EPA official tours Malibu High over health concerns

The regional director of the U.S. Environmental Protection Agency will tour Malibu High School to look at the possible dangerous toxins on campus.
The regional director of the U.S. Environmental Protection Agency toured Malibu High School Friday and examined the possible dangerous toxins on campus. The tour was followed by meetings with school officials, parents and community leaders.

"I really love this school and I want it to be safe for everyone there, and I want the teachers to be safe," student Gabby Williams said.

About a third of Malibu High teachers complained last year about construction and moldy classrooms causing health problems. About 20 staff members, including three diagnosed with thyroid cancer, wrote a letter blaming their health issues on toxic conditions on campus.

"This is about parents deciding what is an appropriate risk for our own children, the district can't decide that, the EPA shouldn't be deciding that, they should give us the scientific evidence, but it's the parents who should decide what's safe enough for our kids," Jennifer DeNicola of Malibu Unites said. Malibu Unites is a collaboration between parents, teachers and community members working together for healthy, toxin-free schools.

Testing done last fall found that some caulk samples contained PCB levels above 50 parts per million, an EPA representative said. The caulking was found in several windows installed back in the 60s. Caulk with PCBs above 50 ppm is not authorized for use under the federal Toxic Substances Control Act.

Jared Blumenfeld of the EPA says the levels are acceptable.

"All of our sampling to date has been below the national PCB risk level that we care about," Blumenfeld said. "That doesn't mean there aren't issues, and we are going to continue with the district to make sure they do testing."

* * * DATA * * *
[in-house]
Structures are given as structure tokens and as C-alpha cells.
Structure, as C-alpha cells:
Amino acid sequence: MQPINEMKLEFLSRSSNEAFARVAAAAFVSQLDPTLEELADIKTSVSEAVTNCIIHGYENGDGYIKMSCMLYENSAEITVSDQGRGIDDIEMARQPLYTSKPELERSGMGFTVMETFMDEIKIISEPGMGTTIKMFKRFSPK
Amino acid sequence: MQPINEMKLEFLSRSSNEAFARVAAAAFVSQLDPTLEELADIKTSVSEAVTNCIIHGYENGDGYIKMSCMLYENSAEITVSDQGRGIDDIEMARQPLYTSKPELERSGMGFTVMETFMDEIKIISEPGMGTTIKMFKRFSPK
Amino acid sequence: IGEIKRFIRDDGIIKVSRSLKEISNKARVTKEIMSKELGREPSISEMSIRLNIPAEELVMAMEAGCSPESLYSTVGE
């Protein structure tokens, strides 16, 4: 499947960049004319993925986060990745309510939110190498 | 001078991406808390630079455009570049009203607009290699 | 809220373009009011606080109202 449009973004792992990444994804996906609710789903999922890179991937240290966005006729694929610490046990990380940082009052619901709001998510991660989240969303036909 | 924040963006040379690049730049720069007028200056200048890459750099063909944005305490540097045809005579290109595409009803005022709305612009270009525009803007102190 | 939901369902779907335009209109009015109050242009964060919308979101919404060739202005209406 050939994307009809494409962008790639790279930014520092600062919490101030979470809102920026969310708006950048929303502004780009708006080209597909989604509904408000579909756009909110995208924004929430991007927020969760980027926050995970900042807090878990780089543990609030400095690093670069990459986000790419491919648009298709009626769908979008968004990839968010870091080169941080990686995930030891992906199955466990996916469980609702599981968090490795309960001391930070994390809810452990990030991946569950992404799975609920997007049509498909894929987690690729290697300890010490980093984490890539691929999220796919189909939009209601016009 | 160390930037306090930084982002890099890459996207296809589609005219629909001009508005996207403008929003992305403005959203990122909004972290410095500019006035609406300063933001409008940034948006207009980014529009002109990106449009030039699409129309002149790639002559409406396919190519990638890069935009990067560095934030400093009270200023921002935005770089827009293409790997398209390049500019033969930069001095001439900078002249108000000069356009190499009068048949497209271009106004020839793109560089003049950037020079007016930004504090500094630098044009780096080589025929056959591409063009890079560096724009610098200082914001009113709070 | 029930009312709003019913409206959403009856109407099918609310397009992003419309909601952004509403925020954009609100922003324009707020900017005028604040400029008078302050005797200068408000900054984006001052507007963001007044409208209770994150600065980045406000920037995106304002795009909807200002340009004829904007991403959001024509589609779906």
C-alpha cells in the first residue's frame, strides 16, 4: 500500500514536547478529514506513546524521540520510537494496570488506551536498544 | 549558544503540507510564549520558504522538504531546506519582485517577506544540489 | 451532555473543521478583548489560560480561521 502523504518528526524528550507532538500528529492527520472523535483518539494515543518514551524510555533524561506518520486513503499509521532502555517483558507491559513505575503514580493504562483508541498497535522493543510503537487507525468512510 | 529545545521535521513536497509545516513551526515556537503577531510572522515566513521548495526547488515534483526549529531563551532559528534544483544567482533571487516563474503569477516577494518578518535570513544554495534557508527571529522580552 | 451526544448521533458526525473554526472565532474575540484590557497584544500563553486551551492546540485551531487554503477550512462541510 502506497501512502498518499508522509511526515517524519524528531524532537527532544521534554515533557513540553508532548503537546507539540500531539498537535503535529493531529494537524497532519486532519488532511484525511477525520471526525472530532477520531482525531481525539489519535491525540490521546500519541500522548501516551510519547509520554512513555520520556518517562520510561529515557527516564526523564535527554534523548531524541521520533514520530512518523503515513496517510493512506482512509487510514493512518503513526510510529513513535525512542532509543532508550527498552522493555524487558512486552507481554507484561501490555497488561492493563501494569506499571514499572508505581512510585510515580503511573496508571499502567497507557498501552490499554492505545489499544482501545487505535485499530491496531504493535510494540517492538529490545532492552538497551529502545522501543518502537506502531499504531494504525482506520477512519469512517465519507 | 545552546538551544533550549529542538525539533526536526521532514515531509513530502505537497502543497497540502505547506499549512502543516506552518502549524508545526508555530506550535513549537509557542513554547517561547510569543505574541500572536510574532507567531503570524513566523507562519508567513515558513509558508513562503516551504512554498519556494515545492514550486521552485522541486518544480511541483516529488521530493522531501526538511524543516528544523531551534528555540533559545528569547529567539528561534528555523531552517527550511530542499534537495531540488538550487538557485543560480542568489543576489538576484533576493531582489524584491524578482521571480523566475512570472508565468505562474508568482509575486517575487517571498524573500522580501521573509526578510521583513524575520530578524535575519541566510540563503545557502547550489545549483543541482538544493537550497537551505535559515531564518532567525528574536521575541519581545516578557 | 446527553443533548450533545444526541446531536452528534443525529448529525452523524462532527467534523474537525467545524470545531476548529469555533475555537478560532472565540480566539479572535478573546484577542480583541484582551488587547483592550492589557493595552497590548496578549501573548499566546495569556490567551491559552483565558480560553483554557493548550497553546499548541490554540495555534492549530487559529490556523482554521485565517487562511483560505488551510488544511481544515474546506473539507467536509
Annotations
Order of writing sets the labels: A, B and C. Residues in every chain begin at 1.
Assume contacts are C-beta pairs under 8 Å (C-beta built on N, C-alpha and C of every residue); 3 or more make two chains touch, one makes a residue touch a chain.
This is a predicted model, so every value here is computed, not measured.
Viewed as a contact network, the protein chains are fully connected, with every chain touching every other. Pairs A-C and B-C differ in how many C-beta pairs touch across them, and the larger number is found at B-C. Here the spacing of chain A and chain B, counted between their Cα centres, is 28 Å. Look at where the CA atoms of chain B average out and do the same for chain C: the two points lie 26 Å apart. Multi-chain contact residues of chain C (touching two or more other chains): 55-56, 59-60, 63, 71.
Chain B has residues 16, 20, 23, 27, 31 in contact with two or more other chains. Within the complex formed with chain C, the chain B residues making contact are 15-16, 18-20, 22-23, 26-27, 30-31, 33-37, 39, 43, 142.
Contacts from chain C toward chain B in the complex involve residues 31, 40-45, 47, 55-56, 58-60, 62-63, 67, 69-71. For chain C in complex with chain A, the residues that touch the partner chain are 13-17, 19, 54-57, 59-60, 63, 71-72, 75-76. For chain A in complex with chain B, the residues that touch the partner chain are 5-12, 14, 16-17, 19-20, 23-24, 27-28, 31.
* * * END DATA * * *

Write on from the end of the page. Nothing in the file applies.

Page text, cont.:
In October, students were temporarily moved from some classrooms because of the concerns.

Residents are angry that eight months after learning about the removal of more than 1,100 tons of toxic soil on campus, very limited testing has occurred. And parents are concerned students could be returning to contaminated classrooms this fall.

In 2010, the district removed 1,000 cubic yards of dirt after it tested positive for carcinogens, lead and pesticides. When asked if parents and teachers were informed at the time, the superintendent says the district went through the standard protocol. But many parents say they didn't know.

At a meeting Friday afternoon, parents argued that perhaps the tests are incomplete, and that some classrooms weren't checked at all.

"We are going to do a lot of testing this summer, and we are going to test the soil, it's not just about PCB's, we've found nine different toxicants that were in the soil.

School officials say they are complying with the EPA, some sections of the school are closed right now for cleaning and testing.

"We are right now in a process of inspection, some sampling, and then we are going to start work on the cleaning, some of that cleaning is happening now," Santa Monica-Malibu Unified School District Superintendent Sandra Lyon said.

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